Regarding charts from the Turks to PR
, Maptech has a chart book that covers that entire leg of the route, it was just published last March. I think it is called 10 or something like that. It is excellent for that part of passage and fills a big void.
As mentioned above, the dingy is critical. You must figure a way to store it on the boat. It is your car once at anchor. You will need to secure it on deck when cruising. So convienence of hauling it aboard is critical. I use my spinnaker halyard and a winch to raise it up. The dingy engine and gas tanks store on the rail and in the cockpit. You will be raising and dropping the dingy every time you stop. So get that system down. Also, down island, dingy engines become targets of opportunity for the locals so be prepared to secure it when away from the boat and at night.
The Bluewater Bookstore in Ft. Lauderdale is an excellent place to acquire charts, guide books, etc. Go there on the way south and spend a day acquiring stuff. You will not regret it as you go down island. Pick up your courtesy flags there as well.
When you get to Puerto Rico, you might also want to stop at Salinas just past Ponce. Its a good harbor and has a great mangrove hole nearby for weather avoidance.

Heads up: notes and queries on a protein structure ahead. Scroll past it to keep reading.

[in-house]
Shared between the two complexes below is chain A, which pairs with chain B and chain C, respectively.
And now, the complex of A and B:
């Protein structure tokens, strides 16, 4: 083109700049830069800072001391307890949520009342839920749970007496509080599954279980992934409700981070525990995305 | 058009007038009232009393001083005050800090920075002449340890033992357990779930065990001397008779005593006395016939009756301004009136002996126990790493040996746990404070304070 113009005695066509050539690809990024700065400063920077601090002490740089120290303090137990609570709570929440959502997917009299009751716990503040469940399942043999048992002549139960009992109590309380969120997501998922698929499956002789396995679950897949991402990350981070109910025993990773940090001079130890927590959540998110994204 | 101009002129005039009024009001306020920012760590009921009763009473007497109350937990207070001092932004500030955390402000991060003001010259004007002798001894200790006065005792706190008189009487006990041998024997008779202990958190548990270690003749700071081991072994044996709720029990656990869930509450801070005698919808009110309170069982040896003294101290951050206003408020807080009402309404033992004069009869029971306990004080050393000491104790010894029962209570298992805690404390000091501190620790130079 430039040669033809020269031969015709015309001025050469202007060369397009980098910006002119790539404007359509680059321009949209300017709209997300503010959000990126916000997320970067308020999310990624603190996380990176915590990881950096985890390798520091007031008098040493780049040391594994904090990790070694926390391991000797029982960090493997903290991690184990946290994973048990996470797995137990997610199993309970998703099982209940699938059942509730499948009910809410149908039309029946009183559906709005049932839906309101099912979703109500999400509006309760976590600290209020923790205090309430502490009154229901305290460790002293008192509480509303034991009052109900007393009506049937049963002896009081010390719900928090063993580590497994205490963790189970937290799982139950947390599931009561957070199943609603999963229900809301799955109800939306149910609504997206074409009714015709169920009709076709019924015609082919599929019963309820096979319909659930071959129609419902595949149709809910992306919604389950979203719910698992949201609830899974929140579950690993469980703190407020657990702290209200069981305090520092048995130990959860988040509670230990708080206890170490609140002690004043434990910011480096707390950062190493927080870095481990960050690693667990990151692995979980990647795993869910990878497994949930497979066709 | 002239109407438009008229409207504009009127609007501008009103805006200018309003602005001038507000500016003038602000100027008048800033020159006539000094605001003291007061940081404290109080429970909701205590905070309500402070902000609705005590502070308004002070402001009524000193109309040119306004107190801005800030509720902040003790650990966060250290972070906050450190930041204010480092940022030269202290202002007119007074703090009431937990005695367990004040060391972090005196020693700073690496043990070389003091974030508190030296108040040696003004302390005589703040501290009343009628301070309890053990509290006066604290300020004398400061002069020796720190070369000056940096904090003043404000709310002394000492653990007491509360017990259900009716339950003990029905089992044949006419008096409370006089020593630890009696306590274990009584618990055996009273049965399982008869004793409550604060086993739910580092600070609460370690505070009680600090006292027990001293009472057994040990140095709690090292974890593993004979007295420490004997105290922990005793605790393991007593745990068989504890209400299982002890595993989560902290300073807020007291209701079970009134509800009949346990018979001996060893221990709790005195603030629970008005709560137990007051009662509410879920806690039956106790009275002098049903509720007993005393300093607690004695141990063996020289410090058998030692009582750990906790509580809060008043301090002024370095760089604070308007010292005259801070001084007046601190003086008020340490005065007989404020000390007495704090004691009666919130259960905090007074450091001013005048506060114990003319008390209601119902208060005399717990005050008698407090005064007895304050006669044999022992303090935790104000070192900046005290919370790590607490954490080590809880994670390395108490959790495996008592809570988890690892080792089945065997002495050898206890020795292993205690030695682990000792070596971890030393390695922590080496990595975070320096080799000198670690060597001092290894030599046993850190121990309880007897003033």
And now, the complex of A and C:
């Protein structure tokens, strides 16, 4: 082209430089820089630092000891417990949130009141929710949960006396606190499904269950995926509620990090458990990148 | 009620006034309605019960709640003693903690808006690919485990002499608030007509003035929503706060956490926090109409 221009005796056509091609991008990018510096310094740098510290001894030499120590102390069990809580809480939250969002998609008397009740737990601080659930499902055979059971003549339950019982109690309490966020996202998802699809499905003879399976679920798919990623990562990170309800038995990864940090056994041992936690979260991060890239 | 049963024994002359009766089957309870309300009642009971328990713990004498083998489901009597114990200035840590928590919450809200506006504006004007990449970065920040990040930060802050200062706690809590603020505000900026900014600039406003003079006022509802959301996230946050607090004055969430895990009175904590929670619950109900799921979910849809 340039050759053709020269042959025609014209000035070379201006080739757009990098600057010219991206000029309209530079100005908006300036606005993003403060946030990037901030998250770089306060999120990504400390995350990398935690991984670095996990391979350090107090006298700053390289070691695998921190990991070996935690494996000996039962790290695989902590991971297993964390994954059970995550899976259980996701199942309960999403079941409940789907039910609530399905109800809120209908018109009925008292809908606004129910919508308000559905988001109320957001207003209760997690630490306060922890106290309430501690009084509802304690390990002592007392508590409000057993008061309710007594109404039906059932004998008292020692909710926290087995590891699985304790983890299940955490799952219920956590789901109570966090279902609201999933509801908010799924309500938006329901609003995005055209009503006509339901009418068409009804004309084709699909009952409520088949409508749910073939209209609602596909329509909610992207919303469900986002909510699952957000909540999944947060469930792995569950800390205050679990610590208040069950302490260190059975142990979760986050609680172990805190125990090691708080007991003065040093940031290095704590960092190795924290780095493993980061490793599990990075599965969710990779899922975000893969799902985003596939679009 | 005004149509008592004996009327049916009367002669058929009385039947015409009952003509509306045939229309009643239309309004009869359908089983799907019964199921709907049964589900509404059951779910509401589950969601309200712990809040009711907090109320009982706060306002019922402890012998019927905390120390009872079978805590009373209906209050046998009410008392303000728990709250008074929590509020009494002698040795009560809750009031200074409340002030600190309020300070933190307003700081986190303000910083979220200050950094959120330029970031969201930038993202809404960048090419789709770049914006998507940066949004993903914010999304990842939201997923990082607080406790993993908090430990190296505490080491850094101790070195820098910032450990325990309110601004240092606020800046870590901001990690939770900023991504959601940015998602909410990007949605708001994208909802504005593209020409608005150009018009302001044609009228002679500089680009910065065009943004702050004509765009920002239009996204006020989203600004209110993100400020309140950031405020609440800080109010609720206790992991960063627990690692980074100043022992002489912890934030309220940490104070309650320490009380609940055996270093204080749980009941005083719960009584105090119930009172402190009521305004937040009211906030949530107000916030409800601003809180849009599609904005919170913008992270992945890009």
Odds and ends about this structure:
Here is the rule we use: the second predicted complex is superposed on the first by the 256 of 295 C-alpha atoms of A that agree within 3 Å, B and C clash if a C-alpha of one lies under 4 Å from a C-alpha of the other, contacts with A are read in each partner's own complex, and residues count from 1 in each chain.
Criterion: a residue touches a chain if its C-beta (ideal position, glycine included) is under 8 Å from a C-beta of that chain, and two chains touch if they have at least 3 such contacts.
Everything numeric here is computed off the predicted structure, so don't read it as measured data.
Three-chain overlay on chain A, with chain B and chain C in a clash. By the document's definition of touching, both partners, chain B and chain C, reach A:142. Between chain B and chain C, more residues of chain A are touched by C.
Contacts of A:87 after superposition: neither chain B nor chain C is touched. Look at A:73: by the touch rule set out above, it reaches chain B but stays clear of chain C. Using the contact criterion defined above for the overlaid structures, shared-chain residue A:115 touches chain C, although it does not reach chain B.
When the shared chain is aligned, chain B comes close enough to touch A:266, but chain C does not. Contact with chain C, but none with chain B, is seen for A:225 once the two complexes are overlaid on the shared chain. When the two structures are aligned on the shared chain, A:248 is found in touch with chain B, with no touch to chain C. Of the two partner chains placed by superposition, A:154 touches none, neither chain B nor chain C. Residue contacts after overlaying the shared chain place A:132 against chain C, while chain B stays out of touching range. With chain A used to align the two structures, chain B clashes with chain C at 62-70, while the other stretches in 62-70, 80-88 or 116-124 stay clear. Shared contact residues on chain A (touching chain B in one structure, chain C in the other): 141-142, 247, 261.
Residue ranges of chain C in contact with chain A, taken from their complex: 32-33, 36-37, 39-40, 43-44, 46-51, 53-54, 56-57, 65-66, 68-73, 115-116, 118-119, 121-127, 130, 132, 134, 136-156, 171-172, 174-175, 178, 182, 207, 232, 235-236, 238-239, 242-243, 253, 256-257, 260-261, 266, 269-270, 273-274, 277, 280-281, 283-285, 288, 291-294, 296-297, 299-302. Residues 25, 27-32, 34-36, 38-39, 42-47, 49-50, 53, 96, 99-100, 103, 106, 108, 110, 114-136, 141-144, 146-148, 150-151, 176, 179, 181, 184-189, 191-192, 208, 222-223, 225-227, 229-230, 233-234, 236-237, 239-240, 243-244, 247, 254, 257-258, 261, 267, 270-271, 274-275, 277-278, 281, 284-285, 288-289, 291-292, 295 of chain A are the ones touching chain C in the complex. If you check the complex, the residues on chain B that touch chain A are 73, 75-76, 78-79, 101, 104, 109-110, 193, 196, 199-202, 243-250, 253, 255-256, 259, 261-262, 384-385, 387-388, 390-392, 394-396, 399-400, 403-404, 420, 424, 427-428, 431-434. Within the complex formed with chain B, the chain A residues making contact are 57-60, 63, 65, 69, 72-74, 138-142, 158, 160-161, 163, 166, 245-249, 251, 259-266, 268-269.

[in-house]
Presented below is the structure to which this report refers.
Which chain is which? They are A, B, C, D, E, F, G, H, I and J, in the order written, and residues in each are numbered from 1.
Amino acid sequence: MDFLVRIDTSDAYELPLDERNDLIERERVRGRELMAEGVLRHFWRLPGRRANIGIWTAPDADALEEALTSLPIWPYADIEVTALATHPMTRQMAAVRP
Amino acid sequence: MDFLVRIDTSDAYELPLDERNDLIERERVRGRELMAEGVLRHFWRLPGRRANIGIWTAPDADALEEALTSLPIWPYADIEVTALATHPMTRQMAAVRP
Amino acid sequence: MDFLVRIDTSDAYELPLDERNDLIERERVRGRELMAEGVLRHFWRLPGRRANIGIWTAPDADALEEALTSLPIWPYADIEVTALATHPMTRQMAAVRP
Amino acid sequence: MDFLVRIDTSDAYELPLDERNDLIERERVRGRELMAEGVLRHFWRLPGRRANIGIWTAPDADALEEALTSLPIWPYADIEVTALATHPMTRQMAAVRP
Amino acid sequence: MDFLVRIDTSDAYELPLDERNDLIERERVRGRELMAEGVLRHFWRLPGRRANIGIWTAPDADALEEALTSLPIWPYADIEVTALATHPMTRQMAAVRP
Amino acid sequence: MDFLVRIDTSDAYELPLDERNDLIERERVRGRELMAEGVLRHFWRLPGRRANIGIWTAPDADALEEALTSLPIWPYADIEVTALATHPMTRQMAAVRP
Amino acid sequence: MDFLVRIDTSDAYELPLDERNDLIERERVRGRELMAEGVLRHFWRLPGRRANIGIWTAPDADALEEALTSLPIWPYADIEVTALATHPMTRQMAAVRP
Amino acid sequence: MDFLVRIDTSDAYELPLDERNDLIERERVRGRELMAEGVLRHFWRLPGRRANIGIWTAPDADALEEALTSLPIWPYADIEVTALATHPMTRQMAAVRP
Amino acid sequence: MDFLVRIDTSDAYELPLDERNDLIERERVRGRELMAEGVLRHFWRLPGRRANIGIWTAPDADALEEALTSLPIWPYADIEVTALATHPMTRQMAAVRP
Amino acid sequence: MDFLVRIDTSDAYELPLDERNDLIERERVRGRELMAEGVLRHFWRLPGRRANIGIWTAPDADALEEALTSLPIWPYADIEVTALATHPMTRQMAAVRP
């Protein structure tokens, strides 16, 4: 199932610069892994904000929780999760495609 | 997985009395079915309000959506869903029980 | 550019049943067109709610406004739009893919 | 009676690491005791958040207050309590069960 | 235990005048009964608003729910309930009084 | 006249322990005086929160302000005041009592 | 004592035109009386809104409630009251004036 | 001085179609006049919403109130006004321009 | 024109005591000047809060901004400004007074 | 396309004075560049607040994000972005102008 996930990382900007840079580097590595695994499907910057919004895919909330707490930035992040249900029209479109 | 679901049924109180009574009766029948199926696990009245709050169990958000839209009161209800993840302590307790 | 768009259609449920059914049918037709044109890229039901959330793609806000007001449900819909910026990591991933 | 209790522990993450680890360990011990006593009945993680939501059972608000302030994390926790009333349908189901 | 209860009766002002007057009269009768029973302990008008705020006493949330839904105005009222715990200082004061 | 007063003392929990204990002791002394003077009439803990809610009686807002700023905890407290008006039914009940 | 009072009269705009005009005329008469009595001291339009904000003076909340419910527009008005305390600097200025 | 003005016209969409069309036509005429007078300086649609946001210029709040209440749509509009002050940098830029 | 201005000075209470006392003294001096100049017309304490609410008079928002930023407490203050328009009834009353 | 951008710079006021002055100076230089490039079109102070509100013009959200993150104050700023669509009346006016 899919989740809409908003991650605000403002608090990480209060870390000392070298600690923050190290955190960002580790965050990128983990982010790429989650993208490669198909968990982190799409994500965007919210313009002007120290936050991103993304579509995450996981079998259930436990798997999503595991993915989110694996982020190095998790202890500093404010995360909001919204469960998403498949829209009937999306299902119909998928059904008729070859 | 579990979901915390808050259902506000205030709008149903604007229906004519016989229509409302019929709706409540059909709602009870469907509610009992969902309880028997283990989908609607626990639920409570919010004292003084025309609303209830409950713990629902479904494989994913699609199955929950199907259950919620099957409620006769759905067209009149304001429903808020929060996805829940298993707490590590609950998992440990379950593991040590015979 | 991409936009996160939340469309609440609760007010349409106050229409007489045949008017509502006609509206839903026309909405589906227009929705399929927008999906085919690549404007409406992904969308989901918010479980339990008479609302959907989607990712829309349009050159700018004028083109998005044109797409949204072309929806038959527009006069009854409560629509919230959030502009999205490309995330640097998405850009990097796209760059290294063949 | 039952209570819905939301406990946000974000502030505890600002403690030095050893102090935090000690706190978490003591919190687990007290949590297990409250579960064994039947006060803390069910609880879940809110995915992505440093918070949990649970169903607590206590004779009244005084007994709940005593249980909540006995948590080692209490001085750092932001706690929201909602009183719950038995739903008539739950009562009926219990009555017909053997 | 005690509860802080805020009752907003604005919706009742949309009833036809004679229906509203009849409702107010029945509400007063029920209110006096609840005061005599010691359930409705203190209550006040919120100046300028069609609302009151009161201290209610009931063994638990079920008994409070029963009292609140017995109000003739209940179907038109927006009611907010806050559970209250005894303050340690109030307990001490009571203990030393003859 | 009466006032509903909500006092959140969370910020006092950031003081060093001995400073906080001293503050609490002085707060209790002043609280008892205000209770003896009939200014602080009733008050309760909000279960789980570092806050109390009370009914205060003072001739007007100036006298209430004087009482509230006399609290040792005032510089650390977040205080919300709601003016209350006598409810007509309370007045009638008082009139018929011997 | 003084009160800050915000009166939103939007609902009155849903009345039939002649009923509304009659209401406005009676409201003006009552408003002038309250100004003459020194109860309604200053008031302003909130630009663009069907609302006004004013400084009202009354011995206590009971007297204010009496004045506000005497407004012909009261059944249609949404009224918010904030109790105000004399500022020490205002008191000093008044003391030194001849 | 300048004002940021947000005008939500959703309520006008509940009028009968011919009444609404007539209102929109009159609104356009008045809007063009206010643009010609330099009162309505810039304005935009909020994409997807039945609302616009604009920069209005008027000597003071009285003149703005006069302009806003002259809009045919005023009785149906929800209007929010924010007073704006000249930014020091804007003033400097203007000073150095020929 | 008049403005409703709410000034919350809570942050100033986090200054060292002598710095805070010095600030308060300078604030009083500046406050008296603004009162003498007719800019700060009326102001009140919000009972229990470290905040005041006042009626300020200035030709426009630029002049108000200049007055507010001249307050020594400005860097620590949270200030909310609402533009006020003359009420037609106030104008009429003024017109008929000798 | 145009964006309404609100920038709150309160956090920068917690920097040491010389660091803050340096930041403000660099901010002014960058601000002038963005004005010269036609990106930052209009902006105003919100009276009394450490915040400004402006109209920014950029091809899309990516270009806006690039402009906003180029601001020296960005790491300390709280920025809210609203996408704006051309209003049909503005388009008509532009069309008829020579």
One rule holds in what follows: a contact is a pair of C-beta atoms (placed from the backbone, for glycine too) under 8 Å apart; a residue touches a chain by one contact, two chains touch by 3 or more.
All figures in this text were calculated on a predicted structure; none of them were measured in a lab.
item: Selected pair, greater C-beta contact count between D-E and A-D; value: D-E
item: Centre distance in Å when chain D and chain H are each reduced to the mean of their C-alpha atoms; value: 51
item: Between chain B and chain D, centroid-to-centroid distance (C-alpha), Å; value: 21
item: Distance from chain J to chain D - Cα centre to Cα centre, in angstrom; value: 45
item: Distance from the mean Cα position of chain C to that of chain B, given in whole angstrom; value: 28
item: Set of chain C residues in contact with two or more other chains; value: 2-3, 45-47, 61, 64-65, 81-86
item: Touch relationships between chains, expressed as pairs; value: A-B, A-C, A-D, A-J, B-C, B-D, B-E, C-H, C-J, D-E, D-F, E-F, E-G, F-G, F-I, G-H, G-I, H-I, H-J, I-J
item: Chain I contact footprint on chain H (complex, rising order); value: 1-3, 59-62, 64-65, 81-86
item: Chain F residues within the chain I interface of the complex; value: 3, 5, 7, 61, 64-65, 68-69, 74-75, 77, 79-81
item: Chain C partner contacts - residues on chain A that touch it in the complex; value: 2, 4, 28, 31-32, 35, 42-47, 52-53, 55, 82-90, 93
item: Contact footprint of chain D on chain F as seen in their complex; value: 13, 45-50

Get your weather from Chris, you will need an SSB radio. His advice is good tactical info. Get your strategic planning from Van Zant. His sailing advice is getting dated but his basic approach is excellent and timeless.
The first 1200 miles are all nose into the wind. So plan on a lot of fuel consumption. If you don't have a lot of tankage and jerry jugs in the beginning, you will by the end of your trip.
When you get to Georgetown there will be groups of people getting together for making the voyage south. This can work out, if you find compatible folks to sail with. Or it can become a problem. Always be your own captain. Read Van Zant for his strategy and you will do fine.
The chartplotters dont work well South of the Turks because the charts are old. You will sail through land when you get to Luperon, even though it looks like water to you. Trust your eyes as you go south. Van Zant's low tech advice for entering Luperon will work best. Go the southern route across the Turks & Caicos.
Always listen to Chris Parker. Get his book for the frequencies and a lot of great weather related advice. Also check out his web site:
Make sure you can download the NOAA Off Shore weather faxes, you'll need the weather fax hardware and software kit, its about $200. Get it in Ft. Lauderdale. You will need your SSB functional to use it. Parker's book and the weather fax documentation covers the frequencies.
Learn how to listen to the NMN broadcast from the coast guard on the SSB. Check Parker's book for the frequencies.
Make sure you have good anchors and rodes available. I carry 4 anchors, a Delta, a Bruce, a Fortress and a Danforth. My primary rode is all chain on the Delta. I have two rope rodes for the fluke anchors and a combination rope and chain on the Bruce. More is better than less.